Kevin McStay stands down as Roscommon manager
He guided county to 2017 Connacht title and back-to-back All-Ireland quarter-finals
Kevin McStay has stood down as manager of Roscommon. Photograph: Bryan Keane/Inpho
Recognising the need for a new voice and direction in Roscommon football, and unable resolve some of the factors currently involved, Kevin McStay has called time on his position as manager.
Although in line to serve another two seasons, McStay leaves on amicable terms with the county board, and, interestingly, said his decision “marks my retirement from senior inter county football management” - thus ruling him out of the recently vacated Mayo management position, or indeed elsewhere.
After some speculation of player dissatisfaction, McStay met with Roscommon county board officials earlier in the day, and afterwards released a 1,400-word statement outlining the reasons behind his decision, also thanking all those who played a hand in Roscommon football during his previous three years in charge.
He came in on a joint ticket with Fergal O’Donnell in October 2015, before assuming full control of the side in 2016 and guiding Roscommon the Connacht title in 2017 - their first since 2010. This year they gained promotion back to division one, but suffered three heavy defeats to Tyrone, Donegal and Dublin in the Super8s.
“Our annual review of the 2018 season was completed recently,” began McStay, “and having considered the many factors involved in managing a county football squad, and unable to resolve enough of those factors to my satisfaction, I have decided that a change in management should take place immediately.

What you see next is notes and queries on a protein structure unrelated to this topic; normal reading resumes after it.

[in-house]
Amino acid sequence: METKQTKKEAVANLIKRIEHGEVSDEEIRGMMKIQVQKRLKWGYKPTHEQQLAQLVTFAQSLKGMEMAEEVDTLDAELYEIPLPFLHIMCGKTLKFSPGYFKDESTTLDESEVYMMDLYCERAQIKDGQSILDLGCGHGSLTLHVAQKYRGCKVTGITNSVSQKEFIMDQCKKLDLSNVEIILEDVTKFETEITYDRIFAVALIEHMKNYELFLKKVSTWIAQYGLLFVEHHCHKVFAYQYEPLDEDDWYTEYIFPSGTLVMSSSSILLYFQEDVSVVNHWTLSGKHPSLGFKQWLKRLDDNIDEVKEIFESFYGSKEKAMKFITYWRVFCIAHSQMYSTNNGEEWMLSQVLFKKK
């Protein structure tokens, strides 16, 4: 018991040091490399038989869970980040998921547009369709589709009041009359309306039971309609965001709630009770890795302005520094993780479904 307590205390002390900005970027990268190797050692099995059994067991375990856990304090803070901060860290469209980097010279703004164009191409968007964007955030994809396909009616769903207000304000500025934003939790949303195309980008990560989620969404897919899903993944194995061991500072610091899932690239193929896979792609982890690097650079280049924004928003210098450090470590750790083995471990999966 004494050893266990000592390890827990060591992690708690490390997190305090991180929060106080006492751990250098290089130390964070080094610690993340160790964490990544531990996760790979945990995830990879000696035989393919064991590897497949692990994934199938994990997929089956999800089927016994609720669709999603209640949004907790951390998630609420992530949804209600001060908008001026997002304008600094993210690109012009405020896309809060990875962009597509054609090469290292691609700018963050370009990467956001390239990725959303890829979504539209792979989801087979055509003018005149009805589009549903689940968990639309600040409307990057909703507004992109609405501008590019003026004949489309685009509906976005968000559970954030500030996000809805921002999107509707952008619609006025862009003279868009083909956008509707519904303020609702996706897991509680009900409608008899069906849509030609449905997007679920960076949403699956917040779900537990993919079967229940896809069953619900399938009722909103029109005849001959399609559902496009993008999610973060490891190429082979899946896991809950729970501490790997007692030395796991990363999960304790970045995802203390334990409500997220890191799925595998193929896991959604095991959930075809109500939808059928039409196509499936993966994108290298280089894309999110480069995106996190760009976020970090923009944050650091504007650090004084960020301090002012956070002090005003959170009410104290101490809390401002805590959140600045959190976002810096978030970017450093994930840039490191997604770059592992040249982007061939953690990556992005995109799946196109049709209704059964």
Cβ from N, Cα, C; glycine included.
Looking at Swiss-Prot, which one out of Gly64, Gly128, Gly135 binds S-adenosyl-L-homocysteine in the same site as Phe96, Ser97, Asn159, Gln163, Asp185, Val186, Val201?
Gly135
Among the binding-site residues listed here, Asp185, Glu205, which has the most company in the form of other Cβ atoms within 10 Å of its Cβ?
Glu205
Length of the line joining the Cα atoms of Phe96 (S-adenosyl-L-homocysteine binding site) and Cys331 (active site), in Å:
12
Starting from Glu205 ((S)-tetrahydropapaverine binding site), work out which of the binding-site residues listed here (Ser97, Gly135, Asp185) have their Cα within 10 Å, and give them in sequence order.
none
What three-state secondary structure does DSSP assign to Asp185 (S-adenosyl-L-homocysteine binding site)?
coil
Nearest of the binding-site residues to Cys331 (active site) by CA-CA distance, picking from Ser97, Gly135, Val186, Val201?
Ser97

“I feel I have brought the team as far as I can at this stage and a new voice and direction is now required. The handover to the next management group will be orderly and without fuss.
“As is the natural way of things, some players will retire, others will opt out due to work and college commitments while yet more will want to travel. As I have remarked previously, life often gets in the way of football and we must recognise this.”
County chairman Seamus Sweeney had given McStay his full backing for a further two years, on the day of the Dublin defeat, but on reflection McStay clearly felt more inclined to walk away now.
“I’ve done three years, every one of them challenging and sometimes exhausting. In reviewing my time in charge I have to acknowledge the inordinate amount of time I spent dealing with financial and facility issues, personnel issues, media issues and the various contentious and controversial events that kept arising over those seasons.”
As a sort of parting shot, McStay said there were significant challenges for the GAA as a whole if smaller counties such as Roscommon are to remain competitive: “Success is what we all crave but we must understand our reality too. While Roscommon is a proud football county, it is a small county with a limited playing pool and deficits in resources and facilities.
“The budget required to finance success at the highest level demands year-round attention. Facilities, catering, kit and equipment, professional expertise and, especially, travel costs are major financial drainers and they are placing a massive burden on voluntary officers that is often overwhelming.
“These are the significant challenges the smaller GAA counties face. If the GAA is committed to ensuring all counties are, at a minimum, competitive, then they must be supported financially in a way that reflects the demands and the need for fairness, equity and solidarity.
“Leaving the safety of the pundits chair for the passion and glory of the dressing room and football field is a decision I’ll never regret. However, today marks my retirement from senior inter county football management.”
Sweeney added that he “reluctantly accepted Kevin’s resignation”, and that he had left Roscommon football in a good place. Like neighbours Mayo, meanwhile, the hunt now begins for a replacement.